The other day I was rummaging through the bunker, and noticed that I have a pile of old West German, THW gear, that I haven't shown on the blog. So with that in mind, I figured I'd start with the basic field kit. So here it goes.
Let's start with the classic Mess Kit. We'll take a look at the other parts of the grouping in upcoming posts.
This particular mess kit is in new and unissued condition. It is dated 1988, which is just before East and West Germany re-unified in 1989.
This style of mess kit is nearly identical to the original, WW2, M31 German mess kits, but there are a couple of distinct differences. The first is the style of bail lugs and the height. The post-war kits are about 1/4 inch taller than the WW2 version. Other than that, it's the same kit the WW2 troops were carrying.
Originally the THW, or German Federal Agency For Technical Relief as it is called in English, issued out a bread bag, canteen, mess kit, and silverware set that every trooper carried into the field. These days, standard, pre-packaged, field rations are issued out. These new rations do not require the use of mess ware like this, so these old style kits are no longer issued.
This kit stamped PSL 88 on each component. PSL are the initials of the manufacturer, and 88 is for the year, 1988.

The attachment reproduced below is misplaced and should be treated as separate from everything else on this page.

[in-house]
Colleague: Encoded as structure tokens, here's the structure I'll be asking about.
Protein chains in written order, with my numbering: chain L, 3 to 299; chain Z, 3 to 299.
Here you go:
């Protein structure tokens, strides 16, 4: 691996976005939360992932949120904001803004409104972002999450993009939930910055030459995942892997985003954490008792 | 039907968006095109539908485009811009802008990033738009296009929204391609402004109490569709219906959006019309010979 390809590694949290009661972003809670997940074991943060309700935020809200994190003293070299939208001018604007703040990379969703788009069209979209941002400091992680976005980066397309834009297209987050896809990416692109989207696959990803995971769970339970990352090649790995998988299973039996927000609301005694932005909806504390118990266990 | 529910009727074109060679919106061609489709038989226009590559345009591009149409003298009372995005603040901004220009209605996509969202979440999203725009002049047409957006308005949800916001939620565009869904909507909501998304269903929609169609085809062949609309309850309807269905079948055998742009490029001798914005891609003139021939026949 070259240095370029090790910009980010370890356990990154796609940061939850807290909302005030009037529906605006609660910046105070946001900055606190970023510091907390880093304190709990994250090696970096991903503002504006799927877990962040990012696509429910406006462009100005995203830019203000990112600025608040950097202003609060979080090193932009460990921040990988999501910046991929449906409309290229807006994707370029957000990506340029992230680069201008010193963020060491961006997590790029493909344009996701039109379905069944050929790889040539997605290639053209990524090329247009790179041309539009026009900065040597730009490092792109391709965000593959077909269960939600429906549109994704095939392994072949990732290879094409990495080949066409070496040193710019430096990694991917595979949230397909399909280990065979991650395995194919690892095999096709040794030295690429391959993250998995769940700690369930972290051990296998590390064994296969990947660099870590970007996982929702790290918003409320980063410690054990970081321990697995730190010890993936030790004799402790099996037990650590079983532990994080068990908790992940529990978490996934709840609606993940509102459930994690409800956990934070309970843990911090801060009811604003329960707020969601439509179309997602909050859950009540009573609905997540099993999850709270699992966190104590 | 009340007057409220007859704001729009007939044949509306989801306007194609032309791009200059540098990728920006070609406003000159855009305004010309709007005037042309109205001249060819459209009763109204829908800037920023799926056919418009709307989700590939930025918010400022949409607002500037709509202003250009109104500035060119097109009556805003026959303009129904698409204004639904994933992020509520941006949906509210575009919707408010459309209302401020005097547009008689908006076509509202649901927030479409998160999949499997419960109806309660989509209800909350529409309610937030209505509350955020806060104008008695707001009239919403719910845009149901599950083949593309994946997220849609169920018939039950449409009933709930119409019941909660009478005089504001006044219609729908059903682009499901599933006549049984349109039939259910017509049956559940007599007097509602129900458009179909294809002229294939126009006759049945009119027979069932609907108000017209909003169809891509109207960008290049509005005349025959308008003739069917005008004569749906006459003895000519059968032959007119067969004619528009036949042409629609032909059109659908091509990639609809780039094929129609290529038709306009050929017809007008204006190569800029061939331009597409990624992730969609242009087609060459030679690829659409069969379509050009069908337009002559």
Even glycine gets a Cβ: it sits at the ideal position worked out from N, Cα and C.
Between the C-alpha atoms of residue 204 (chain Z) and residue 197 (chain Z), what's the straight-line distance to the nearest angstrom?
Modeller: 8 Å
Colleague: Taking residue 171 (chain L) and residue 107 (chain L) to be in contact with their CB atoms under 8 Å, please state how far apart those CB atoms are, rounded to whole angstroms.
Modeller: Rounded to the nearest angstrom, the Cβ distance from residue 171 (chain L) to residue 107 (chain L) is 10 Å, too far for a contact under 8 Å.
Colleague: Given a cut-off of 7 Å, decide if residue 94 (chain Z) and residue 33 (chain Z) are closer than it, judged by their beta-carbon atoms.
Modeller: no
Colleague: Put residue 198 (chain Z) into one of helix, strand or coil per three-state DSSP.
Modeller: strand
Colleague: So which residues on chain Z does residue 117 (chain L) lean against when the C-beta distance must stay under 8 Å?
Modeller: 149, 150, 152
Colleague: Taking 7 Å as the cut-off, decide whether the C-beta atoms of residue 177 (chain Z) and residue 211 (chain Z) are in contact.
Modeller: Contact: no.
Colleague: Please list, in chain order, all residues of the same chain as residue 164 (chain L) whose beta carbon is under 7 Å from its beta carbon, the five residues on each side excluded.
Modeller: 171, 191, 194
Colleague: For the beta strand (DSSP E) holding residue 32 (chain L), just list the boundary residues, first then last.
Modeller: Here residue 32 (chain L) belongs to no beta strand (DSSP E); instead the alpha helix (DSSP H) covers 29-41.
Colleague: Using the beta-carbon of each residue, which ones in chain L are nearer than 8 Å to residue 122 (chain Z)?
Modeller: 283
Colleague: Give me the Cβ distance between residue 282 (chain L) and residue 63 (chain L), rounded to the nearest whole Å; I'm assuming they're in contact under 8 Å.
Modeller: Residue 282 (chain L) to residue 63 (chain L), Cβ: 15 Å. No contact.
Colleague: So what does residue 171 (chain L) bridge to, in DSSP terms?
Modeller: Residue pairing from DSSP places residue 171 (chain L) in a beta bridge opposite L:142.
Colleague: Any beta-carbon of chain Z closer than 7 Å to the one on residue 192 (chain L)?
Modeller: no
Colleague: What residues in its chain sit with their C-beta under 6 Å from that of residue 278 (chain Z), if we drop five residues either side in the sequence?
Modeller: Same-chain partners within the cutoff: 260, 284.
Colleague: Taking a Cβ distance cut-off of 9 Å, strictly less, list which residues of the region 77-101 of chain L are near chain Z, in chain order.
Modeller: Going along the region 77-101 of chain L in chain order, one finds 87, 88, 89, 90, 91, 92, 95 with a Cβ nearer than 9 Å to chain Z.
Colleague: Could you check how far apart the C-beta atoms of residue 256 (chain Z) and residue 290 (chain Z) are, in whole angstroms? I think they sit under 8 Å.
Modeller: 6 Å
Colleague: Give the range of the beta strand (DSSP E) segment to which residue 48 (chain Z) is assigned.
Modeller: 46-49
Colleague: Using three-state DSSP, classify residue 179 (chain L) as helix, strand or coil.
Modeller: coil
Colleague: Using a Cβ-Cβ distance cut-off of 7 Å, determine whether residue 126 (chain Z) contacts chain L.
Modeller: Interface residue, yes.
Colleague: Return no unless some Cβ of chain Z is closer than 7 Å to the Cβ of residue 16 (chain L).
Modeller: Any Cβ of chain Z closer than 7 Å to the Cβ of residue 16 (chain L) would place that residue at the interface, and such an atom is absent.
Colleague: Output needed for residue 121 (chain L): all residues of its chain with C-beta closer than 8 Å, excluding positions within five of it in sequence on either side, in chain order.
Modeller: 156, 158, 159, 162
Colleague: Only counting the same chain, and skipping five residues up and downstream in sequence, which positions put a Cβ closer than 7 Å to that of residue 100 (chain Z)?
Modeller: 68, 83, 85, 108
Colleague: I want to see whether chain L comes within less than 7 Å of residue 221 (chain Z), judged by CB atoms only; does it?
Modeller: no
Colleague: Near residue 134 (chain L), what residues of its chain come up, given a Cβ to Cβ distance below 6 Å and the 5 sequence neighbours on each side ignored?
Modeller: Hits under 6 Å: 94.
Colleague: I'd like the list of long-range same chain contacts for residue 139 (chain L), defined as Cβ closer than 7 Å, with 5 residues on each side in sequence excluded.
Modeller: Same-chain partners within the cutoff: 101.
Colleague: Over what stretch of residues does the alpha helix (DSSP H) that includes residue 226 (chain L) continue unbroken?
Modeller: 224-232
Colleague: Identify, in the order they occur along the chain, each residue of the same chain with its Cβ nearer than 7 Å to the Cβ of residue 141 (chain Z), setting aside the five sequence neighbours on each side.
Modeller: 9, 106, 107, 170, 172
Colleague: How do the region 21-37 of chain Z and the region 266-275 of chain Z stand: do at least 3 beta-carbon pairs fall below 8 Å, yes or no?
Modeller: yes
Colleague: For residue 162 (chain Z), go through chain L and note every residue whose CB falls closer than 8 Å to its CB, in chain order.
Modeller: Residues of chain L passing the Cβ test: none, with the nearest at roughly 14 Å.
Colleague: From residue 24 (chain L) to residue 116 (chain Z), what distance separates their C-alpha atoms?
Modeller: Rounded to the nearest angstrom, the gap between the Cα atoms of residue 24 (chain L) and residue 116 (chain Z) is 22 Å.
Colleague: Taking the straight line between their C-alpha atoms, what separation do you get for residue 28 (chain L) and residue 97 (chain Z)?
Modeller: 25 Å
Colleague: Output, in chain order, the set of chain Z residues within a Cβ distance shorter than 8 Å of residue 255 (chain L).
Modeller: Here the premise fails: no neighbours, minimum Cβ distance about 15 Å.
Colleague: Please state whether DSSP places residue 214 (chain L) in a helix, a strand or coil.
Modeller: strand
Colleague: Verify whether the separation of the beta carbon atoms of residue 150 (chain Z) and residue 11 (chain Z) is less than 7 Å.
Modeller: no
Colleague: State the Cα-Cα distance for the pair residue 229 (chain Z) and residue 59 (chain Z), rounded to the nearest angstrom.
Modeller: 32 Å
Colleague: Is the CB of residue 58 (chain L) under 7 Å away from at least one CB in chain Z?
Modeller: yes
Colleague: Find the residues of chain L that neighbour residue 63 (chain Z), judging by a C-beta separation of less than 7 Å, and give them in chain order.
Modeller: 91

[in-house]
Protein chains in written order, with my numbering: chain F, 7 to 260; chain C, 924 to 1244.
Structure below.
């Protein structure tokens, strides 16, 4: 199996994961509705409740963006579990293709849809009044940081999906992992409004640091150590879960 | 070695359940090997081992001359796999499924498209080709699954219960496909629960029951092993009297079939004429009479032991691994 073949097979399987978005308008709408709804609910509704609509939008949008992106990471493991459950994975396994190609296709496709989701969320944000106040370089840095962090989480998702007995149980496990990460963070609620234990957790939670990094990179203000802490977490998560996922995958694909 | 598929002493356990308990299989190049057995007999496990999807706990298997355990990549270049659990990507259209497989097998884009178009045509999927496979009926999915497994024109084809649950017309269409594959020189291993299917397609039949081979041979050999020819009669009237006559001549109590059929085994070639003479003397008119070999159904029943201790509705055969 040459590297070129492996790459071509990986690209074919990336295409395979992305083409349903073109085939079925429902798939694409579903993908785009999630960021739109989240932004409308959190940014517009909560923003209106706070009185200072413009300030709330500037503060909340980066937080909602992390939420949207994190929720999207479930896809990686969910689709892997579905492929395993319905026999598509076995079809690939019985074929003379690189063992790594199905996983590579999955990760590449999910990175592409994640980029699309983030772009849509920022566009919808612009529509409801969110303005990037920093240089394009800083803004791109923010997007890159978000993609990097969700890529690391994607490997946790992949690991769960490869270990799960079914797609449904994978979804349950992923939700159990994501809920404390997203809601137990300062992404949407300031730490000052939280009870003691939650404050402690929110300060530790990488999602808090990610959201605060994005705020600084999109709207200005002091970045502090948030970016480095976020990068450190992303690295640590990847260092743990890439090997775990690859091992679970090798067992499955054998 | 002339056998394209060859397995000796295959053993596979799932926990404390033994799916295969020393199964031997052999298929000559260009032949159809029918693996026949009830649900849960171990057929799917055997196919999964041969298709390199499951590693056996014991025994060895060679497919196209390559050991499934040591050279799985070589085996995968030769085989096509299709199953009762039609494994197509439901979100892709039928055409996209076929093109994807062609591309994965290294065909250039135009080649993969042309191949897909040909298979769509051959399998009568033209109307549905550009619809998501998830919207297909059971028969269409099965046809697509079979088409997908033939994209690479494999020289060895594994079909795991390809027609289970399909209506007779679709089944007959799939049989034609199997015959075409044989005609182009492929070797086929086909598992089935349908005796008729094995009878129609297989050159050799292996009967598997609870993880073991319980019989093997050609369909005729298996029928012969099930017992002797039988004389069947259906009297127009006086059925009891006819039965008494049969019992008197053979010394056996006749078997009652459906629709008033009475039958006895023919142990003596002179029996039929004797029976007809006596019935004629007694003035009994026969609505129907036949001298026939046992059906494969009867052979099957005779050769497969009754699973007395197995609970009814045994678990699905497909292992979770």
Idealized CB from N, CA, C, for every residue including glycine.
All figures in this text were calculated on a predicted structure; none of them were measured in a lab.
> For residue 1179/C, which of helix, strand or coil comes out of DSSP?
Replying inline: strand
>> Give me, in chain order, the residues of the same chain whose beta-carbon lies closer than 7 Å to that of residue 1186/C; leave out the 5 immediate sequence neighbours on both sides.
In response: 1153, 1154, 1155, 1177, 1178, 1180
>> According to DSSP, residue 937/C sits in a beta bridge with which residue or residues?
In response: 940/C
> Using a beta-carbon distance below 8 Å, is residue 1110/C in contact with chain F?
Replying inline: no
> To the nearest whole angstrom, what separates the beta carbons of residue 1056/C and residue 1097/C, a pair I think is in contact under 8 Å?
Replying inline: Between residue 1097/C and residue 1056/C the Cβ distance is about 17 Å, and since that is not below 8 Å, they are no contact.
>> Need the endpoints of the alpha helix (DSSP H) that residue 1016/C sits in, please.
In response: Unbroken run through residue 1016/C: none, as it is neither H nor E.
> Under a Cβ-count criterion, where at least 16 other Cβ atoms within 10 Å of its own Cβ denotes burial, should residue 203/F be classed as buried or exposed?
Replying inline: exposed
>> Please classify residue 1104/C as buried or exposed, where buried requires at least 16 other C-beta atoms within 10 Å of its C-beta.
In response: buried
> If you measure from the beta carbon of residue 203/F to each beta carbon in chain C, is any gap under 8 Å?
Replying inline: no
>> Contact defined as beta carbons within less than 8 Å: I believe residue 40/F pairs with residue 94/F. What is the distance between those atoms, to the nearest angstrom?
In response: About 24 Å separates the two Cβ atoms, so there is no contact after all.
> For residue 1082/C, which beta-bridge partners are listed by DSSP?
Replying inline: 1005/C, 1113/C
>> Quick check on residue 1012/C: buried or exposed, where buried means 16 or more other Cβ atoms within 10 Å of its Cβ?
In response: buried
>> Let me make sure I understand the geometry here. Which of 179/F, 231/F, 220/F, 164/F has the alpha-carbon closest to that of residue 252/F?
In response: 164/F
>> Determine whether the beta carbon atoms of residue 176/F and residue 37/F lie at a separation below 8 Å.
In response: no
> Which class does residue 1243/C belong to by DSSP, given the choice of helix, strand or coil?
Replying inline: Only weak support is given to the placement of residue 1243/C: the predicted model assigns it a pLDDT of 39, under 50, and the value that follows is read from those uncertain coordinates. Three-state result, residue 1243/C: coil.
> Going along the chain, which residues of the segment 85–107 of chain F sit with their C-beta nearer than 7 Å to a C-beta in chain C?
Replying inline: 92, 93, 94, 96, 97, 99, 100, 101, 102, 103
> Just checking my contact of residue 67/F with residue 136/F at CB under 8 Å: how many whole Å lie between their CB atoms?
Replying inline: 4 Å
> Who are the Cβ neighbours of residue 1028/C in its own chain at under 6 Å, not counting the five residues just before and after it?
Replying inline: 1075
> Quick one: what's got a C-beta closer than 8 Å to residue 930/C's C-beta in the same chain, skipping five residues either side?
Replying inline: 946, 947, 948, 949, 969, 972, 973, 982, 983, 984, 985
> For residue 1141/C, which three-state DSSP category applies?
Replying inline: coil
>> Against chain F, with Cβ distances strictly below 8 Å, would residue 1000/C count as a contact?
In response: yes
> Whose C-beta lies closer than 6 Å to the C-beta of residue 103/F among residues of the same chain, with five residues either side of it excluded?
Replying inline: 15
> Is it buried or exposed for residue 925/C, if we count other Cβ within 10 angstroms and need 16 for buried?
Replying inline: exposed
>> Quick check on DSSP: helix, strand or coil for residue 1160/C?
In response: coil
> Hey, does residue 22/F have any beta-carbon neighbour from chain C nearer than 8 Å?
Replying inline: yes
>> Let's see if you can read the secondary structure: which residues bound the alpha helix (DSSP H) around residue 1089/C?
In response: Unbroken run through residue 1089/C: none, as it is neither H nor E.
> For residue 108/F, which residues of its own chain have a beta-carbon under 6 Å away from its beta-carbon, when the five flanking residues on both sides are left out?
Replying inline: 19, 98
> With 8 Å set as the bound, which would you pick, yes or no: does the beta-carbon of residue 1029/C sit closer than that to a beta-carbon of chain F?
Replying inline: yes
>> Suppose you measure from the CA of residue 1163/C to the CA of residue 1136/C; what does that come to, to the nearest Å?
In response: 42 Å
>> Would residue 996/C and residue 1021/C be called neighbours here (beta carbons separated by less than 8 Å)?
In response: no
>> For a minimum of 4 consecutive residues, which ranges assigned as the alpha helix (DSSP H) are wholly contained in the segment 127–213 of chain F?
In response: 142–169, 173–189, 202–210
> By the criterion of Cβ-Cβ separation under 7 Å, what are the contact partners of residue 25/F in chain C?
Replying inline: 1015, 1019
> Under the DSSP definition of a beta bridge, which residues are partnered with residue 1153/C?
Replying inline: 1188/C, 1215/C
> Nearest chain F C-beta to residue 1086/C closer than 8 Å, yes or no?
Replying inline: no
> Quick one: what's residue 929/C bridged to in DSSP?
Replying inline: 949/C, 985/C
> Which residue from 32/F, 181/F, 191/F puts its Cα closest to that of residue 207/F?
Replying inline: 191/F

The initials PSL indicate that the manufacturer is:
Paul Schulze & Co., of Lübeck, West Germany.
The entire mess kit is strapped together with a black leather belt. This belt was issued with this kit and is stamped BUND PSL. BUND indicates this is official federal issue, and PSL is the manufacturer. These belts are virtually identical to the WW2 versions.
The mess kit has the bottom "pot", an inner "bowl", and the top "cup".
The "cup" can be used on its own, or used as a lid for the pot. The handle of the "cup" can be used to lift and hold the bowl.
Traditionally these mess kits would be strapped to the outer loops of the bread bag.
In my opinion these old German mess kits never go out of style. They are highly sought after by both collectors and "bushcrafters" alike. I myself, collect them, and use them!
Let's take a closer look at this beautiful kit.